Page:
disposition of property by will’.  For example, this word is used in Homer’s Iliad when Agamemnon makes a will regarding his possessions.  When examining a real ancient Greek will, Norton shows that the inclusion of this legal understanding simply cannot be excluded by those who take this word as purely meaning a covenant:
 ‘The senses of “testament” and “compact” were so closely allied that the same word could be used for both, and the orator could have either or both in mind as suited his argument. In fact, we have no one word that exactly expresses the idea conveyed by διαθήκη to the Greeks.’ (p. 39, footnote to Isaeus)
This word all at once referred to wills, certificates of adoption, dispute agreements and, yes, contracts in general, as Norton also recognises:
‘A disposition or settlement of relations between two parties, wherein one party lays down the conditions, and the other accepts them and binds himself by an oath or solemn promise to keep them; a settlement, arrangement, compact, covenant.’ (p.41)
But, regardless, a will was the most commonly understood usage of the word and, when the context speaks of Christ’s death initiating this testament, it can mean nothing else in Hebrews 9.  Furthermore, even if this were just a covenant, the breaking of this in ancient Greek law meant that the covenant was revoked, not in need of renewal!  The Jews broke God’s covenant and thus it was revoked.  Likewise, if we take this to mean a testament, this also makes the older testament null and void.  Again, Norton confirms this: ‘[T]he testator…could revoke it by the substitution of another document’. (p.70)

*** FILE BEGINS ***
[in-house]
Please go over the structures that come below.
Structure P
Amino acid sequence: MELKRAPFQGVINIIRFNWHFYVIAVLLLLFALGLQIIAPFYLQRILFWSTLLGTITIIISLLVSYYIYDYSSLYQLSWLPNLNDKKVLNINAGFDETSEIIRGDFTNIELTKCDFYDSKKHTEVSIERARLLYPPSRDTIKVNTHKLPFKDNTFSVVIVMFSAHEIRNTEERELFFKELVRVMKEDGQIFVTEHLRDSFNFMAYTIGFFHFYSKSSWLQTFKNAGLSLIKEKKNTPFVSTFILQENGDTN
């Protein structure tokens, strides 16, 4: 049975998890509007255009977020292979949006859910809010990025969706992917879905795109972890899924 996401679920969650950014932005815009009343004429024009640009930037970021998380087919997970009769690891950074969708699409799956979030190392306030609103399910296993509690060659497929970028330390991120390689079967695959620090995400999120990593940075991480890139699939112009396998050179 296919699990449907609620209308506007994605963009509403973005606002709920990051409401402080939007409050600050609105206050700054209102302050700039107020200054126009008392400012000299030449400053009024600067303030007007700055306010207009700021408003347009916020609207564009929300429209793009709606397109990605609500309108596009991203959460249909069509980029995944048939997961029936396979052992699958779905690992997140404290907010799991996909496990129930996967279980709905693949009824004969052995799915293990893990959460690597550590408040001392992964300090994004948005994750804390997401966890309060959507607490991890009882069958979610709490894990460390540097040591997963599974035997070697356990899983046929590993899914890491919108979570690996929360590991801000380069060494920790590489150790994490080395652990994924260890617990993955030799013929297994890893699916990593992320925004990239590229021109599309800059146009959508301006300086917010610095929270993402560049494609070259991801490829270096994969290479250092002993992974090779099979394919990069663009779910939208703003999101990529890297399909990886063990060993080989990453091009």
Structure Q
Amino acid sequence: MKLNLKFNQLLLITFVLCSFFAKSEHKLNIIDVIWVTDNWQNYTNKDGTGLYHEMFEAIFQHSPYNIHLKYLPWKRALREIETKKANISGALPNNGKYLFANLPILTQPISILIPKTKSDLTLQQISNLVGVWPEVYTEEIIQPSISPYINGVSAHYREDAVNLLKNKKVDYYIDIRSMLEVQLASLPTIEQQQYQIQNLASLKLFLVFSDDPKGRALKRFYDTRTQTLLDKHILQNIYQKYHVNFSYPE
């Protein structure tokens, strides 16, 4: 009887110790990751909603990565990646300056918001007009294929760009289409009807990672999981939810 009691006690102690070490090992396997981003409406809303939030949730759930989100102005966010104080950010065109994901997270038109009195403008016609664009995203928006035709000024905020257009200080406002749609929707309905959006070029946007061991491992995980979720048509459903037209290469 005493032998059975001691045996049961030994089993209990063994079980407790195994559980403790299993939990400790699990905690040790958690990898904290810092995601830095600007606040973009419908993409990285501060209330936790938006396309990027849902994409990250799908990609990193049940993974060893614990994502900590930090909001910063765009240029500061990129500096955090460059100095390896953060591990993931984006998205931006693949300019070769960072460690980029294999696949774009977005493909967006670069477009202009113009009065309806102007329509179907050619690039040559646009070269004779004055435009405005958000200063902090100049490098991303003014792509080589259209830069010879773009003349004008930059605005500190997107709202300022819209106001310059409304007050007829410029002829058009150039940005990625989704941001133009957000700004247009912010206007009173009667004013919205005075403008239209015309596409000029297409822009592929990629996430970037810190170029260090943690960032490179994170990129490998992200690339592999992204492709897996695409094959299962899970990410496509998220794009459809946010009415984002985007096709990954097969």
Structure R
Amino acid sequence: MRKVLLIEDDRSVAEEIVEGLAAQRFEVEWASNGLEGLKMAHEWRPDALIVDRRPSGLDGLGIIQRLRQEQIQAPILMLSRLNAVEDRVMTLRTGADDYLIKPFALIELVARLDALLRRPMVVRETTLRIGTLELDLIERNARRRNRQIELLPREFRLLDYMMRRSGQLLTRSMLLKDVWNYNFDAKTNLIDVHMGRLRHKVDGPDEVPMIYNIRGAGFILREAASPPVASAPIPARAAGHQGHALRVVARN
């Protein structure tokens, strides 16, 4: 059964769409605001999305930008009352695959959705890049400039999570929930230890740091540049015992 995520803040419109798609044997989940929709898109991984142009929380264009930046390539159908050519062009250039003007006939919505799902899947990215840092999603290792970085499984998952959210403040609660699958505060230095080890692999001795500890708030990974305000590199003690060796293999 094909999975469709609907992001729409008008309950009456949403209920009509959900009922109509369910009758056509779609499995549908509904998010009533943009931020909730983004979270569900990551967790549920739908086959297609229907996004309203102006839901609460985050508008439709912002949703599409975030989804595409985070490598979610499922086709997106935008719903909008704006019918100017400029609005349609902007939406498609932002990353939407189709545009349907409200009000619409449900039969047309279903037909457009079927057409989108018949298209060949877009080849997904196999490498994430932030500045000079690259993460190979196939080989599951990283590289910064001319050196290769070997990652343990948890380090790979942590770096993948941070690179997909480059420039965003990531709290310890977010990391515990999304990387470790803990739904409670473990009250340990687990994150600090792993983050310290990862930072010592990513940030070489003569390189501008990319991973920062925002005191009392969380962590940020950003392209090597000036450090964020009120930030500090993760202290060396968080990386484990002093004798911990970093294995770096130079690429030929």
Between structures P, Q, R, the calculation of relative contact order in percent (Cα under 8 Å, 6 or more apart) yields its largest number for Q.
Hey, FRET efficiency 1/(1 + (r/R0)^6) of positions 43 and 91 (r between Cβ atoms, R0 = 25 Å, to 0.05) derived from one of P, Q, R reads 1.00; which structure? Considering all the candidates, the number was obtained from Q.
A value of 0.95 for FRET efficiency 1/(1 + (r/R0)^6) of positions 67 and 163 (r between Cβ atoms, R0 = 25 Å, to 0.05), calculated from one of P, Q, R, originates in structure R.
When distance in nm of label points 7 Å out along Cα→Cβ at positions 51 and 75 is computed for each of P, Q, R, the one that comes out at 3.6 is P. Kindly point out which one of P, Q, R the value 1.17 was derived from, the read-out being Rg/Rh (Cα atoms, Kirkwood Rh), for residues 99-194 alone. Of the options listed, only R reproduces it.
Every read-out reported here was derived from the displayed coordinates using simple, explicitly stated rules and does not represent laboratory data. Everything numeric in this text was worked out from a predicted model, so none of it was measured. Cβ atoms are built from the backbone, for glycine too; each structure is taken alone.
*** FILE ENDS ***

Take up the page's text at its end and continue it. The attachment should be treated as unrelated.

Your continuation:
So whether this verse refers to a covenant or testament, the Bible is clear: the covenant which was broken previously had ended and an entirely New Covenant had to be established.

Hebrews 8:6 ff.  But as it is, Christ has obtained a ministry that is as much more excellent than the old as the covenant he mediates is better, since it is enacted on better promises. For if that first covenant had been faultless, there would have been no occasion to look for a second.

For he finds fault with them when he says:

“Behold, the days are coming, declares the Lord,
when I will establish a new covenant with the house of Israel
and with the house of Judah,
not like the covenant that I made with their fathers
on the day when I took them by the hand to bring them out of the land of Egypt.
For they did not continue in my covenant,
and so I showed no concern for them, declares the Lord.
For this is the covenant that I will make with the house of Israel
after those days, declares the Lord:
I will put my laws into their minds,
and write them on their hearts,
and I will be their God,
and they shall be my people.
And they shall not teach, each one his neighbor
and each one his brother, saying, ‘Know the Lord,’
for they shall all know me,
from the least of them to the greatest.
For I will be merciful toward their iniquities,
and I will remember their sins no more.”

In speaking of a new covenant, he makes the first one obsolete. And what is becoming obsolete and growing old is ready to vanish away.